Australian Bureau of Statistics
2901.0 - Census Dictionary, 2011
Latest ISSUE Released at 11:30 AM (CANBERRA TIME) 23/05/2011
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Australian Statistical Geography Standard (ASGS)
The Australian Statistical Geography Standard (ASGS) is the new geographical standard developed by the ABS for the collection and dissemination of geographic statistics. It is a hierarchically structured classification with a number of spatial units to satisfy different statistical purposes.
Mesh Block (MB)
Mesh Blocks are the smallest geographical unit the ABS has released. They were developed to fulfil the need for more accurate small area statistics and will improve the relationship between small area geography and the social, physical and economic realities of the landscape. It is hoped that the Mesh Blocks will become the basic building blocks of all statistical, political and administrative geography in Australia for 2016.
The Mesh Blocks were developed using recommendations from a panel of experts. The Mesh Block is the smallest unit within the new Australian Statistical Geography Standard (ASGS), their boundaries are contiguous and cover the whole of Australia without gaps or overlaps. There are approximately 347,600 Mesh Blocks.
Mesh Blocks are so small that they can aggregate reasonably accurately to many different geographical regions, administrative, management and political boundaries. Thus, by coding statistics to Mesh Blocks, it will be possible to produce summary statistics for a whole range of geographical regions not currently represented in statistical geography. For further information see Information Paper: Mesh Blocks, Australia, 2003 (cat. no. 1209.0) and Information Paper: Draft Mesh Blocks, Australia, 2005 (cat. no. 1209.0.55.001).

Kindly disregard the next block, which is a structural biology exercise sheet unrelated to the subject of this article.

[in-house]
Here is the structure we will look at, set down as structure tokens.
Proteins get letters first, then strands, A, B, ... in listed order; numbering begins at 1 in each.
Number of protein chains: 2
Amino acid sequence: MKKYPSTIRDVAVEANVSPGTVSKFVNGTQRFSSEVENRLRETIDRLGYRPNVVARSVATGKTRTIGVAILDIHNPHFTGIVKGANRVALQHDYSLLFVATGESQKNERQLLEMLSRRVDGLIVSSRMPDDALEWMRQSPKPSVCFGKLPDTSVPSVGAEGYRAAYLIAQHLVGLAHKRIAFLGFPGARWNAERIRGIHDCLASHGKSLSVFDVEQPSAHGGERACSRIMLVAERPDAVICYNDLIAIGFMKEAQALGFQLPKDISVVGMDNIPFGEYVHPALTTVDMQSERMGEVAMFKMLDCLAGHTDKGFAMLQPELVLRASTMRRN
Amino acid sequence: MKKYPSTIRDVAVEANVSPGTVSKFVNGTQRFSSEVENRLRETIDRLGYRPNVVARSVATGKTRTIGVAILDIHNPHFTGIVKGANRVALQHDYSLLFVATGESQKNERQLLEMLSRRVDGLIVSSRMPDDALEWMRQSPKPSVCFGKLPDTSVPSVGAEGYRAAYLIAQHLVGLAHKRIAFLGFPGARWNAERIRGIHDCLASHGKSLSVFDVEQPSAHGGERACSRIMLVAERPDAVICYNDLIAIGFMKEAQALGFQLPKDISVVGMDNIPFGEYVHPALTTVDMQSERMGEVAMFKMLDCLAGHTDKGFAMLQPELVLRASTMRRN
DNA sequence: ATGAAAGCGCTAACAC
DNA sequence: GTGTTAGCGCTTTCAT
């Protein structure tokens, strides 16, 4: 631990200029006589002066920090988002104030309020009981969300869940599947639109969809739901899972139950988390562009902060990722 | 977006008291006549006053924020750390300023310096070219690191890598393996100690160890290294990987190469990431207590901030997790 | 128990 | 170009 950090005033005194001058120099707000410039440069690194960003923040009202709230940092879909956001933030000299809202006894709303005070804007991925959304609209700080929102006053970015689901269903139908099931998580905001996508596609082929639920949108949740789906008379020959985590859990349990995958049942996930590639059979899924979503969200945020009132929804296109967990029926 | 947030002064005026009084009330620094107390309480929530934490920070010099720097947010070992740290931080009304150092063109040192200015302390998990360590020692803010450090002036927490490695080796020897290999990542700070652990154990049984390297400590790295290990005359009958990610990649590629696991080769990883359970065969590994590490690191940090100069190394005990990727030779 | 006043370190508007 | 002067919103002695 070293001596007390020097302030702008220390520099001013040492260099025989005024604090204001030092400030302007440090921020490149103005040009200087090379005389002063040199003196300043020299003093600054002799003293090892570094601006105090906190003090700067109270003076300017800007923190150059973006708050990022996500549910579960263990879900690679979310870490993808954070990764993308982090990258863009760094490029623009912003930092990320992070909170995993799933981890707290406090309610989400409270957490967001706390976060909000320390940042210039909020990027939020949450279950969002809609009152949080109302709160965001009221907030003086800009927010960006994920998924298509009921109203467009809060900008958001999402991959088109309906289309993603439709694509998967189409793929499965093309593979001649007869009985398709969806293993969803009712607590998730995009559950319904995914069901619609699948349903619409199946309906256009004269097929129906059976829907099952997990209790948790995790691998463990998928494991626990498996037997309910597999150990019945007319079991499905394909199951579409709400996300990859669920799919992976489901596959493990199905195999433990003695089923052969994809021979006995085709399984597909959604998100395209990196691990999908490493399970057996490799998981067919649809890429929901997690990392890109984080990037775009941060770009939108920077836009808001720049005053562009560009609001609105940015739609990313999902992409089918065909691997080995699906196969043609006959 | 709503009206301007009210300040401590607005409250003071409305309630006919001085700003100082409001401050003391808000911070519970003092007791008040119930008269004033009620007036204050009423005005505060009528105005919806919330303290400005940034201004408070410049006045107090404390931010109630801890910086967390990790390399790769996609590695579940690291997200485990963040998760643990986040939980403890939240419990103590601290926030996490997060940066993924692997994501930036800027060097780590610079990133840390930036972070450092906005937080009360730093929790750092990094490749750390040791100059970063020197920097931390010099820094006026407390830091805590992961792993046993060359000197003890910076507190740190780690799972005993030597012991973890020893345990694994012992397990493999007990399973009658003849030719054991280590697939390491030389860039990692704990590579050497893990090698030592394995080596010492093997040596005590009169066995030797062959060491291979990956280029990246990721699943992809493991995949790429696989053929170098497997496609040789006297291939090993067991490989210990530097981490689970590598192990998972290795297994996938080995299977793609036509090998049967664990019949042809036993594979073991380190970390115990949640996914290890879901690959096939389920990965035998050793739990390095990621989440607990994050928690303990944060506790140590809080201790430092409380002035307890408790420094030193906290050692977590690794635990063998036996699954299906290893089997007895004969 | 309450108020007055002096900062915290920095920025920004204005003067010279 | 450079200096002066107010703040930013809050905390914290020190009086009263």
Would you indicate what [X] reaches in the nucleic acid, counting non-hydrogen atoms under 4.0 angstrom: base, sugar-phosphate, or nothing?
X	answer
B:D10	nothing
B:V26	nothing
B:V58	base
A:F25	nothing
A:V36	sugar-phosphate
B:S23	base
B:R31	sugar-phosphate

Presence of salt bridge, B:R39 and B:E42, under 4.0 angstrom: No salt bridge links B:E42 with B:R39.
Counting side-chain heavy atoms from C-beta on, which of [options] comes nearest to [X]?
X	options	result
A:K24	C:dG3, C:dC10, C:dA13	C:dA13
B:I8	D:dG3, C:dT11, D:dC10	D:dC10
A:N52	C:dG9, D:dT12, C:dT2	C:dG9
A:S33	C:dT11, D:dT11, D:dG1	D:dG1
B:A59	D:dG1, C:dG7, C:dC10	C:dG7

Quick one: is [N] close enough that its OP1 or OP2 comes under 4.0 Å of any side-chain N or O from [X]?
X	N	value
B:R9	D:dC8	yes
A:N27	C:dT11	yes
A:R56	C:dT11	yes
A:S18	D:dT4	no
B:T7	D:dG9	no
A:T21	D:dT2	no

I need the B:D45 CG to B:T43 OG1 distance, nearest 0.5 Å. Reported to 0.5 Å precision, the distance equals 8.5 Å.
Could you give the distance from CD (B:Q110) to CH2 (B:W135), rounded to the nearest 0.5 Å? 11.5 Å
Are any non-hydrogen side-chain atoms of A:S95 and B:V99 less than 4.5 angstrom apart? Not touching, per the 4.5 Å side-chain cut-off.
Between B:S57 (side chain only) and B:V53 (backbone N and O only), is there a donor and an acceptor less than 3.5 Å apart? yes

Statistical Area Level 1 (SA1)
The Statistical Area Level 1 (SA1) is the second smallest geographic area defined in the Australian Statistical Geography Standard (ASGS), the smallest being the Mesh Block. The SA1 has been designed for use in the Census of Population and Housing as the smallest unit for the processing and release of Census data. For the 2011 Census, SA1s will also be the basis of output for most data, the exception being some Place of Work destination zones. For 2011, SA1s also serve as the basic building block in the ASGS and are used for the aggregation of statistics to larger Census geographic areas.
An SA1 is represented by a unique seven digit code.
SA1s are designed to remain relatively constant over several Censuses. Future change will largely be dealt with by splitting existing SA1s. For the 2011 Census, there are approximately 54,000 SA1s throughout Australia (this includes the other territories of Christmas and Cocos (Keeling) Islands and Jervis Bay). SA1s cover the whole of Australia with no gaps or overlaps.
Statistical Area Level 2 (SA2)